In his last “State of the City” address, Mayor Lionel Rivera today called upon Colorado Springs residents to suspend the city’s TABOR law for 2010, 2011 and 2012.
“The TABOR formula creates rapid declines in revenue limits in economic downturns, but prevents rapid recovery when conditions improve,” the mayor said. “As the economy recovers, what we refer to as the ‘ratchet-down effect’ of TABOR could restrict the city’s efforts to restore services.
“If it looks like we will be in surplus for 2010, then we should strongly consider placing a measure on the November ballot to ask citizens to allow the city to retain surplus revenue for 2010, 2011, and 2012 and add it to our TABOR budget baseline.
“It’s the only way we will recover from the ratchet-down effect and allow the natural growth in our economy to help us recover.”
He asked the council to put the idea before voters in April.
Vice Mayor Larry Small, who sits on the council, wasn’t immediately ready to embrace the idea.
“He’s never talked to us (about suspending TABOR),” Small said. “The prudent thing would be to talk to your colleagues before going public.”
In his speech, Rivera also asked for help from the county commissioners and the state legislature on other financial matters.
“We must demand true pension reform for PERA from our state legislature and new governor,” Rivera said.
“For local governments who participate in PERA, state law mandates that we contribute 13.7 percent of an employee’s salary while the employee contributes 8 percent.
“I don’t think that is fair to taxpayers or rate payers. At a minimum, the employer and employee should share the cost equally. After all, it’s our employee who will receive a lifetime benefit when they retire. If we do nothing, I would expect the mandated contribution rate for the employer to go higher in the future and we cannot afford that additional cost.
“This type of reform will save the city, Colorado Springs Utilities and Memorial Health System several million dollars a year and again will mitigate service reductions, future rate increases, or increased hospital charges.”
The mayor also criticized the county commissioners for hijacking the city’s share of the road and bridge tax.
“I’m … asking our county commissioners to reconsider their recent decision to reduce the county’s road and bridge mill levy and increase their general fund mill levy,” he said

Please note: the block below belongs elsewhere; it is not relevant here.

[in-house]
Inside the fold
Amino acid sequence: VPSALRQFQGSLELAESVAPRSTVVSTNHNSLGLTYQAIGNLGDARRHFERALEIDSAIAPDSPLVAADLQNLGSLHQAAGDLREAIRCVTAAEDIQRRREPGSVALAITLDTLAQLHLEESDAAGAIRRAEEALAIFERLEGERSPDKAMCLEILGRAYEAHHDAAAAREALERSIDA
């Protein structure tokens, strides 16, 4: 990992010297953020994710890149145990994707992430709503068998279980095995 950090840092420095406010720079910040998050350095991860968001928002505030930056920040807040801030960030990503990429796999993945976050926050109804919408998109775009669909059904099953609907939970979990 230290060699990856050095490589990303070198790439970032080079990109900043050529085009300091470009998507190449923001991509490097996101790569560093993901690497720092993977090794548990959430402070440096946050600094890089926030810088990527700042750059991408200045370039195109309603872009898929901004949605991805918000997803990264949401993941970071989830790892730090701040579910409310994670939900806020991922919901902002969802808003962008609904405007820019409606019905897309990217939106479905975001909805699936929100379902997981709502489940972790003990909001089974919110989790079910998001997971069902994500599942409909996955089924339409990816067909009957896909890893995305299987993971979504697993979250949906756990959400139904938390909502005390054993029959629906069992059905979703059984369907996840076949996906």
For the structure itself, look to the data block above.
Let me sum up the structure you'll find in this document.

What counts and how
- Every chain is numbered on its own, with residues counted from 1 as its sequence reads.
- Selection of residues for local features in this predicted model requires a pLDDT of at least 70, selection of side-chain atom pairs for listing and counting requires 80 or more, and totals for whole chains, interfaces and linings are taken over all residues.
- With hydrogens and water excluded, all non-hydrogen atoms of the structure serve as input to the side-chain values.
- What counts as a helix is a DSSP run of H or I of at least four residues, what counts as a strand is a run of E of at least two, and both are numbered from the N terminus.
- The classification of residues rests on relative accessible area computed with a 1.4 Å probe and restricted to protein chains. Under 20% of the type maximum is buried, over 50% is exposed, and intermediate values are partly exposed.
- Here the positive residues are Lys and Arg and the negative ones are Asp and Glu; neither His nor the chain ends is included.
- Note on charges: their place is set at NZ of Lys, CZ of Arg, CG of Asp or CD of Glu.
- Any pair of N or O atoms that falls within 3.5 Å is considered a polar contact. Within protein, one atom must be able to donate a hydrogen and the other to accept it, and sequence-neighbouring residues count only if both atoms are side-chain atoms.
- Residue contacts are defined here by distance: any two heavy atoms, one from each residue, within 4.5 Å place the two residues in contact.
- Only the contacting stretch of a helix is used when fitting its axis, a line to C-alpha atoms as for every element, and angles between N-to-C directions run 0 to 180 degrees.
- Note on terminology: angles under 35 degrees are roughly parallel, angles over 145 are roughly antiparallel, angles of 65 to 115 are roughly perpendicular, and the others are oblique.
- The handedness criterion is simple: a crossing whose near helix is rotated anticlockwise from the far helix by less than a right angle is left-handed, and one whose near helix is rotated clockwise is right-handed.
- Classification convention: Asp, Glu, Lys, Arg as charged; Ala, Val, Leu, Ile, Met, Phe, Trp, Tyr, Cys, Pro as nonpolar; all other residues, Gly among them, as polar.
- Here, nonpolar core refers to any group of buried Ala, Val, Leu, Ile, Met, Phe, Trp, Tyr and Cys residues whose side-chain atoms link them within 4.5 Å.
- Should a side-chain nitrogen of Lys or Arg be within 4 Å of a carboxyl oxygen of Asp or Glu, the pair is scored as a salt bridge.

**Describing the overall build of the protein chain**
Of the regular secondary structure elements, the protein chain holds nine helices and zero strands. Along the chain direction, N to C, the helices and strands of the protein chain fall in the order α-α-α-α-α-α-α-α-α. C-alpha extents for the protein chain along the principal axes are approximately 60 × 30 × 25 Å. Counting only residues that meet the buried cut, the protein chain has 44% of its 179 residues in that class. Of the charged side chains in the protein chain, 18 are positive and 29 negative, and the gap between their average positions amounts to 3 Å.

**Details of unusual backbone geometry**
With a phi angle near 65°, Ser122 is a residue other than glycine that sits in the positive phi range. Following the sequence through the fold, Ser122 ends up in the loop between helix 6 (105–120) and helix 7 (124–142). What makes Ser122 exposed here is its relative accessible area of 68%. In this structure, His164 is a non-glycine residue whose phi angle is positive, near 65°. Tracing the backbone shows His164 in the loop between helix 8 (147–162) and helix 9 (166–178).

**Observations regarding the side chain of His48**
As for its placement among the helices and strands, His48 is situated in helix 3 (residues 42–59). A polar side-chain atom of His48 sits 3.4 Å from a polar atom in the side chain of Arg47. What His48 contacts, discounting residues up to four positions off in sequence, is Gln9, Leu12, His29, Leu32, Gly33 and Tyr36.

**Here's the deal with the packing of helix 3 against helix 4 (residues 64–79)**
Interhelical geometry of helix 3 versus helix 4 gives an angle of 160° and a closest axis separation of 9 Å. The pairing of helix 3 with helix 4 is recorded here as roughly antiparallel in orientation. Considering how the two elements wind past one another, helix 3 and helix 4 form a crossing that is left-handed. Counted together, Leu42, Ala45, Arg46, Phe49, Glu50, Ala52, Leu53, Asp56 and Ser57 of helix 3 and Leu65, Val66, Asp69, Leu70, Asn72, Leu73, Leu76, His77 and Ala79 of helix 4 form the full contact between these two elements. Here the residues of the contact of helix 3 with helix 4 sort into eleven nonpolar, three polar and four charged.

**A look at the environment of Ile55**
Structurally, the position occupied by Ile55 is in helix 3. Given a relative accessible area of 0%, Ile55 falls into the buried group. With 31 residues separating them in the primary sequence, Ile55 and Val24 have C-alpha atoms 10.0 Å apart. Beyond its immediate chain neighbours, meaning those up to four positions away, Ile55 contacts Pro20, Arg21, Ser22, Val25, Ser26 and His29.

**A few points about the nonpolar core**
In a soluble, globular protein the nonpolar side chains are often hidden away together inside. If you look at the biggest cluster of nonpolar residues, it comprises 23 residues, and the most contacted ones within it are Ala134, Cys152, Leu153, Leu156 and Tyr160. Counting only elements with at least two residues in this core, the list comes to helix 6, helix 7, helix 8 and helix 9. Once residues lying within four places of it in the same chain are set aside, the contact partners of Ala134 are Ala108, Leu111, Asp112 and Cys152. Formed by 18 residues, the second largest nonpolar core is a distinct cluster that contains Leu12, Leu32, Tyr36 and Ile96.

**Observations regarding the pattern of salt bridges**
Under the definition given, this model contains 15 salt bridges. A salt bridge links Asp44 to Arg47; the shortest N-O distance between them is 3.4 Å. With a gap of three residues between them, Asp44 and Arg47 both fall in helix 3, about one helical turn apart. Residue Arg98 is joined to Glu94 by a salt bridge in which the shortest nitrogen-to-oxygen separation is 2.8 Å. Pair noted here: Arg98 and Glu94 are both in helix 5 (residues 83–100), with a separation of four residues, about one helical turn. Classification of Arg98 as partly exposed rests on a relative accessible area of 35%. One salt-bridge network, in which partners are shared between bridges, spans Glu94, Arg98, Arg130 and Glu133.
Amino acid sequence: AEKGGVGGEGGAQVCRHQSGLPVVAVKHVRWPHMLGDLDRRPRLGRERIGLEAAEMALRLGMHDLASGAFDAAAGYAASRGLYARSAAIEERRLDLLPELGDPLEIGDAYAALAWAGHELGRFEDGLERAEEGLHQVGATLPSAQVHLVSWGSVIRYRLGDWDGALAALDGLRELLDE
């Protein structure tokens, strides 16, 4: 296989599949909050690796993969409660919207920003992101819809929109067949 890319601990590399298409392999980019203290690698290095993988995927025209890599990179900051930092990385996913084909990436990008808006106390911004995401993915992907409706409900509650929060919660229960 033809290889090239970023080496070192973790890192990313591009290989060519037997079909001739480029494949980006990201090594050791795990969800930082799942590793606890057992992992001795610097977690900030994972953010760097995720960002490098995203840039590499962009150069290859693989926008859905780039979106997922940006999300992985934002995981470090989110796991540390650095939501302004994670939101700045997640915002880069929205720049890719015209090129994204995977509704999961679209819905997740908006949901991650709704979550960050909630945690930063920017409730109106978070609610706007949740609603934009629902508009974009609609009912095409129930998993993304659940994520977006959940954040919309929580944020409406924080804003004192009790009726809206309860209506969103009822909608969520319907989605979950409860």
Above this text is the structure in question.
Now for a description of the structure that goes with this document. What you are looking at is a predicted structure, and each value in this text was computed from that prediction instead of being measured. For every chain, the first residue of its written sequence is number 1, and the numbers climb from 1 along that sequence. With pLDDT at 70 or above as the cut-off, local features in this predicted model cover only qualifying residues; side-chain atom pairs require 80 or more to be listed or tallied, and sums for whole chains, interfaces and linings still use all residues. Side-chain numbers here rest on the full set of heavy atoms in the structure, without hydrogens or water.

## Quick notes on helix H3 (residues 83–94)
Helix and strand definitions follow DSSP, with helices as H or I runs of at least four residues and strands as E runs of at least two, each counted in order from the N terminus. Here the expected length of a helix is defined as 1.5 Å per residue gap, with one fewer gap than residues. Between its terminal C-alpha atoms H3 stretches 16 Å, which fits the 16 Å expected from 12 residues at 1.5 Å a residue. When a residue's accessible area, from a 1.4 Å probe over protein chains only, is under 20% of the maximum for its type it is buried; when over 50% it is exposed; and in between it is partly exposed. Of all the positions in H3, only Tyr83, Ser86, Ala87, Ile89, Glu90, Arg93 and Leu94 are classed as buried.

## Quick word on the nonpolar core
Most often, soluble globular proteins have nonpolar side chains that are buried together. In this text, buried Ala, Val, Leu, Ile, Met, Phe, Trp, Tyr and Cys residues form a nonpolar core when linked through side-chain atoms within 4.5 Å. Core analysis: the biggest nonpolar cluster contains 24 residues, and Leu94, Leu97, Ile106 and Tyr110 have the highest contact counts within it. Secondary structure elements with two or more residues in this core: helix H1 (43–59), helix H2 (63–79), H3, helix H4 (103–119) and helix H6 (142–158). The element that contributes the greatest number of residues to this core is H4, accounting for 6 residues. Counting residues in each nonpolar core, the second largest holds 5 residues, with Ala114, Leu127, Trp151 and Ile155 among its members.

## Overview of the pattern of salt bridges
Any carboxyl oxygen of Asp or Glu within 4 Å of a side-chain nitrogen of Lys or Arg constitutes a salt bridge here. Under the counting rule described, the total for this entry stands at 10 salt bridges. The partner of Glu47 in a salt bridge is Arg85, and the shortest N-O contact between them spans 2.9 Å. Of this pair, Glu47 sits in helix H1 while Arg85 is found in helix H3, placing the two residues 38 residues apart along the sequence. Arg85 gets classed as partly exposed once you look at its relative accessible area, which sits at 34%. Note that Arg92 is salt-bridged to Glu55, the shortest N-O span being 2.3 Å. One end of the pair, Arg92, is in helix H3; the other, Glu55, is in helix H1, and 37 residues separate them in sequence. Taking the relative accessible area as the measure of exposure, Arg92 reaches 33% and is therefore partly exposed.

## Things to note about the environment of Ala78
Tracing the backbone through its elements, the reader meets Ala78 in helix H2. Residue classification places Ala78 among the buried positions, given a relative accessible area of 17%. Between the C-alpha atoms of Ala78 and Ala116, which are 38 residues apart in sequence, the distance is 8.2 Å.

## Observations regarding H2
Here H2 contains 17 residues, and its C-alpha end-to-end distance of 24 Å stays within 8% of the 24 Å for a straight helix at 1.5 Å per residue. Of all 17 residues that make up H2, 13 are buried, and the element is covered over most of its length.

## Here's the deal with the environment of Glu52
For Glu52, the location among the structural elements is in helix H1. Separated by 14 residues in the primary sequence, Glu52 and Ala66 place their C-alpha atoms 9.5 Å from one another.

“The effect of that policy decision was the reduction of $2.5 million annually from Colorado Springs’ historical allocation of road and bridge funds and transferring it to the county’s general fund. Those funds have historically been allocated to all the cities in the county for road and bridge infrastructure and I’m confident all my mayoral colleagues would like it restored.”
Small scoffed at Rivera’s proposal that the county return the road and bridge mill levy.
“So in exchange for that $2.7 million, are we going to create our own health department, our own human services department, and build our own jail?” he asked. “The city receives a lot of benefit from being in the county. Right now we’re in discussions with the county over SDS permitting fees, and his (Rivera’s) hostility to the county isn’t helping is at all.”
Small was equally dismissive of Rivera’s call for PERA reform.
“If he wants our legislators’ support, he might have gone to the legislative breakfasts during the last session. We had three of ‘em at 7 in the morning, and there were eight or 10 legislators at every one. He never showed.”
Earlier in the speech, Rivera praised the volunteer efforts that had allowed many city services to continue despite severe budget cuts.
He also noted with approval “historic accomplishments” such as the Southern Delivery System and the city-funded deal to retain the United States Olympic Committee for “next 30 years.”